What place do the humanities have in psychiatry? One might as well ask: What place does the mind have in the brain? What place does clinical experience have in medicine? What is the utility of the empty space within the vessel? The term “humanities” is broad and includes “the study and interpretation of . . . language . . . literature; history; jurisprudence; philosophy . . . ethics . . . [and] aspects of social sciences. . . .”1
Is any of this relevant to everyday psychiatric practice?
The humanities are a variety of academic disciplines that focus on the human condition with analytic and sometimes speculative methods. This is in contrast to the empirical methods of the natural sciences. The humanities are required, primarily because science alone cannot answer the question of what it means to be human. In truth, neither can the humanities. Science and the humanities are like the yin and yang of our intellectual explorations into the human condition—one is necessary for (and contains) the other.
As a student of “psychiatry and the law” as well as of psychodynamic psychotherapy, the question of the relevance of the humanities to psychiatry has always seemed too obvious to me. Yet in this particular age, I realize I am obligated to back up my claim that we should focus on anything beyond the randomized controlled trial. Here I admit bias, because the study of law reveals a potent mix of social sciences and humanities, in so far as it focuses on the “relation between legality and morality.”2
Forensic psychiatry has occupied a distinctly hybridized place in the annals of medical jurisprudence for some 2 centuries. Students of both law and medicine are quickly led to the conclusion that both are “critical tools for improving health and well-being on a global level, and each profession is more effective when the two work together.”3 Thus, the value of mixing science with the humanities, at the proper time and place, seems evident, insightful, and farsighted.
In this article, I focus on the importance of the humanities to psychiatry, via the perennial conflict between biological psychiatry and psychodynamically oriented psychiatry. I hope to use a humanist approach to show that these “two cultures” depend on each other for balanced progress in the field.
The battle for psychiatric knowledge
Had I not done a fellowship in forensic psychiatry, I would not likely have knowledge of what Alan Stone, MD, called “an important historical moment of transition in modern psychiatry.”4 Stone was referring to the case of Osheroff v Chestnut Lodge that settled out of court in the mid-1980s [for a pdf, please click here]. For a case that set no official legal precedent, it rocked the foundations of psychiatry: it was a “showdown between two forms of knowledge in psychiatry—evidence-based medicine and clinical experience.”5
2. Shapiro SJ. The “Hart-Dworkin” Debate: A Short Guide for the Perplexed. February 2, 2007. U of Michigan Public Law Working Paper No. 77. http://dx.doi.org/10.2139/ssrn.968657. Accessed January 24, 2013.
3. Annas G. Doctors, patients, and lawyers—two centuries of health law. N Engl J Med. 2012;367:445-450.
4. Stone AA. Law, science, and psychiatric malpractice: a response to Klerman’s indictment of psychoanalytic psychiatry. Am J Psychiatry. 1990;147:419-427.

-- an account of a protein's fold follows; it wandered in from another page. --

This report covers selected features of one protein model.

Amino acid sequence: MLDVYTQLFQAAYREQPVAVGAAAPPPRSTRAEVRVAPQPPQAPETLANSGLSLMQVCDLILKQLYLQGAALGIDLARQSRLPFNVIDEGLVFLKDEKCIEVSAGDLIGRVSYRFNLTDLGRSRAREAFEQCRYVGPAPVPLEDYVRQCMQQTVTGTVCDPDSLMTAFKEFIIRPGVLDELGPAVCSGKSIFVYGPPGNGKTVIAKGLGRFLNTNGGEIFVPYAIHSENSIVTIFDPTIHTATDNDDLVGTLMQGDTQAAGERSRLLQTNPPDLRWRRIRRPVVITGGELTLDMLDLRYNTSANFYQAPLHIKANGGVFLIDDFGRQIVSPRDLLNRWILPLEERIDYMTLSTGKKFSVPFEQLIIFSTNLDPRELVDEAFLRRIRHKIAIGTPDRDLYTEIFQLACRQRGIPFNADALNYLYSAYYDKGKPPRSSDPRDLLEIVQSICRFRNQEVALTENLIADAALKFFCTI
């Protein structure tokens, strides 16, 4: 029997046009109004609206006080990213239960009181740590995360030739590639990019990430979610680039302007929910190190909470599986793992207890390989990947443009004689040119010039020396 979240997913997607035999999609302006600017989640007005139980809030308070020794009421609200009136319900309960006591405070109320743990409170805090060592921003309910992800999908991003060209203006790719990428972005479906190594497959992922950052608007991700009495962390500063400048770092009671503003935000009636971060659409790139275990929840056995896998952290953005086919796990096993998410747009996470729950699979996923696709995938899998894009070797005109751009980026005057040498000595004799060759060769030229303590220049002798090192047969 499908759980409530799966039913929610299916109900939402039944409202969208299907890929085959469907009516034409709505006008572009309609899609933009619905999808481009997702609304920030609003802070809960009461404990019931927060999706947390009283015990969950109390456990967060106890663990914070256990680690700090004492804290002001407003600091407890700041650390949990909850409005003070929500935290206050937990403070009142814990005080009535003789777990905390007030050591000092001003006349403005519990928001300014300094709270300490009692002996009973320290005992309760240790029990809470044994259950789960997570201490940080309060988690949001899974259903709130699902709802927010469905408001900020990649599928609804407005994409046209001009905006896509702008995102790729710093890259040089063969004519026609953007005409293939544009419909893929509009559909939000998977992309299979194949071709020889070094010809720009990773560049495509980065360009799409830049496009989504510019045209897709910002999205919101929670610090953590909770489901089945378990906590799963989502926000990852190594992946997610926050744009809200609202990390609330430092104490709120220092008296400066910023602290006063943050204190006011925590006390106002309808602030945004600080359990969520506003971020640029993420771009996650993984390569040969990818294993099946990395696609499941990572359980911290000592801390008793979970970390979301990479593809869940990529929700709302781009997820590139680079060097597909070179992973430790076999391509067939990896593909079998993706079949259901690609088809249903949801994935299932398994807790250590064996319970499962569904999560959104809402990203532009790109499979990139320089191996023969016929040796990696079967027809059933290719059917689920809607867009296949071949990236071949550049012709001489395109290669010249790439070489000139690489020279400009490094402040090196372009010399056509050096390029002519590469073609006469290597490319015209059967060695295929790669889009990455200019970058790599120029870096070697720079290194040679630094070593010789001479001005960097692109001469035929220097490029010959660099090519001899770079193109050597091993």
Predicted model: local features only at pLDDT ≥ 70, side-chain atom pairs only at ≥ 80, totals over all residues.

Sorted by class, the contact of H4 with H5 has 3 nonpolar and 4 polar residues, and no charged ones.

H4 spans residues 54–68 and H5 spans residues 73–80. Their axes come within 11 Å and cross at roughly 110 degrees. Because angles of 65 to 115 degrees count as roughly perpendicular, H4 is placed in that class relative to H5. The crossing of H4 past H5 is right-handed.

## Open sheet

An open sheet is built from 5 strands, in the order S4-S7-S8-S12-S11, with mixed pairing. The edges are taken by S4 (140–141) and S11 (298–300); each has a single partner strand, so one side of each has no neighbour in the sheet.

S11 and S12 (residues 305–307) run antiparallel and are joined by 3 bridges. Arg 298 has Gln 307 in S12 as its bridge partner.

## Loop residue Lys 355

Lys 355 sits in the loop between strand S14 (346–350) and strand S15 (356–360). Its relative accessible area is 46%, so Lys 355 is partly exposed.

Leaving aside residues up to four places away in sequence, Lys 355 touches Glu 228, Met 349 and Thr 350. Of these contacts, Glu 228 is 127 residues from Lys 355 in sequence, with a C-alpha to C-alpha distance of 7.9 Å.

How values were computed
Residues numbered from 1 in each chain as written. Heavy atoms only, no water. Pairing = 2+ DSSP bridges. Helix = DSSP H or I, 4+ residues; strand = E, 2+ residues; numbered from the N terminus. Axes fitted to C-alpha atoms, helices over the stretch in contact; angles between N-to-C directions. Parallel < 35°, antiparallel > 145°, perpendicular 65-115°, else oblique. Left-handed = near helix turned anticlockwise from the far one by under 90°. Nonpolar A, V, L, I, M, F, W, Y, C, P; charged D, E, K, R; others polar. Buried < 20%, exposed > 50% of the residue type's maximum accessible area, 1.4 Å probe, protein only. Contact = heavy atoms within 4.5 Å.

5. Robertson M. Power and knowledge in psychiatry and the troubling case of Dr Osheroff. Australas Psychiatry. 2005;13:343-350.
6. Klerman GL. The psychiatric patient’s right to effective treatment: implications of Osheroff v Chestnut Lodge. Am J Psychiatry. 1990;147:409-418.
7. Malcolm JG. Treatment choices and informed consent in psychiatry: implications of the Osheroff case for the profession. J Psychiatry Law. 1986;14:9-106.
8. Snow CP. The Two Cultures: And a Second Look. New York: Cambridge University Press; 1963.
9. Furedi F, Kimball R, Tallis R, Whelan R. From Two Cultures to No Culture: CP Snow’s ‘Two Cultures’ Lecture Fifty Years On. London: Civitas; 2009.
10. Luhrmann TM. Of Two Minds: The Growing Disorder in American Psychiatry. New York: Alfred A. Knopf; 2000.
11. Klerman GL. The Osheroff debate: finale. Am J Psychiatry. 1991;148:387-390.
12. Borrell-Carrió F, Suchman AL, Epstein RM. The biopsychosocial model 25 years later: principles, practice, and scientific inquiry. Ann Fam Med. 2004;2:576-582.
13. Freud S. The future chances of psychoanalytic therapy. Selected Papers on Hysteria and Other Psychoneuroses. http://www.bartleby.com/280. Accessed January 24, 2013.
14. Perry JC, Bond M. Change in defense mechanisms during long-term dynamic psychotherapy and five-year outcome. Am J Psychiatry. 2012;169:916-925.
15. Gerber AJ, Kocsis JH, Milrod BL, et al. A quality-based review of randomized controlled trials of psychodynamic psychotherapy. Am J Psychiatry. 2011;168:19-28.
16. Gabbard GO. Long-Term Psychodynamic Psychotherapy: A Basic Text. 2nd ed. Arlington, VA: American Psychiatric Publishing, Inc; 2010.
17. Shedler J. The efficacy of psychodynamic psychotherapy. Am Psychol. 2010;65:98-109.
18. Douglas CJ. Studying the efficacy of psychodynamic psychotherapy. Am J Psychiatry. 2011;168:649-650.
19. Vaillant G. Lifting the field’s “repression” of defenses. Am J Psychiatry. 2012;169:885-887.
20. Dennett DC. Facing Backwards on the Problem of Consciousness. November 10, 1995. http://ase.tufts.edu/cogstud/papers/chalmers.htm. Accessed January 24, 2013.
References1. National Endowment for the Humanities. National Foundation on the Arts and the Humanities Act of 1965 (P.L. 89-209). http://www.neh.gov/about/history/national-foundation-arts-and-humanities-act-1965-pl-89-209. Accessed January 24, 2013.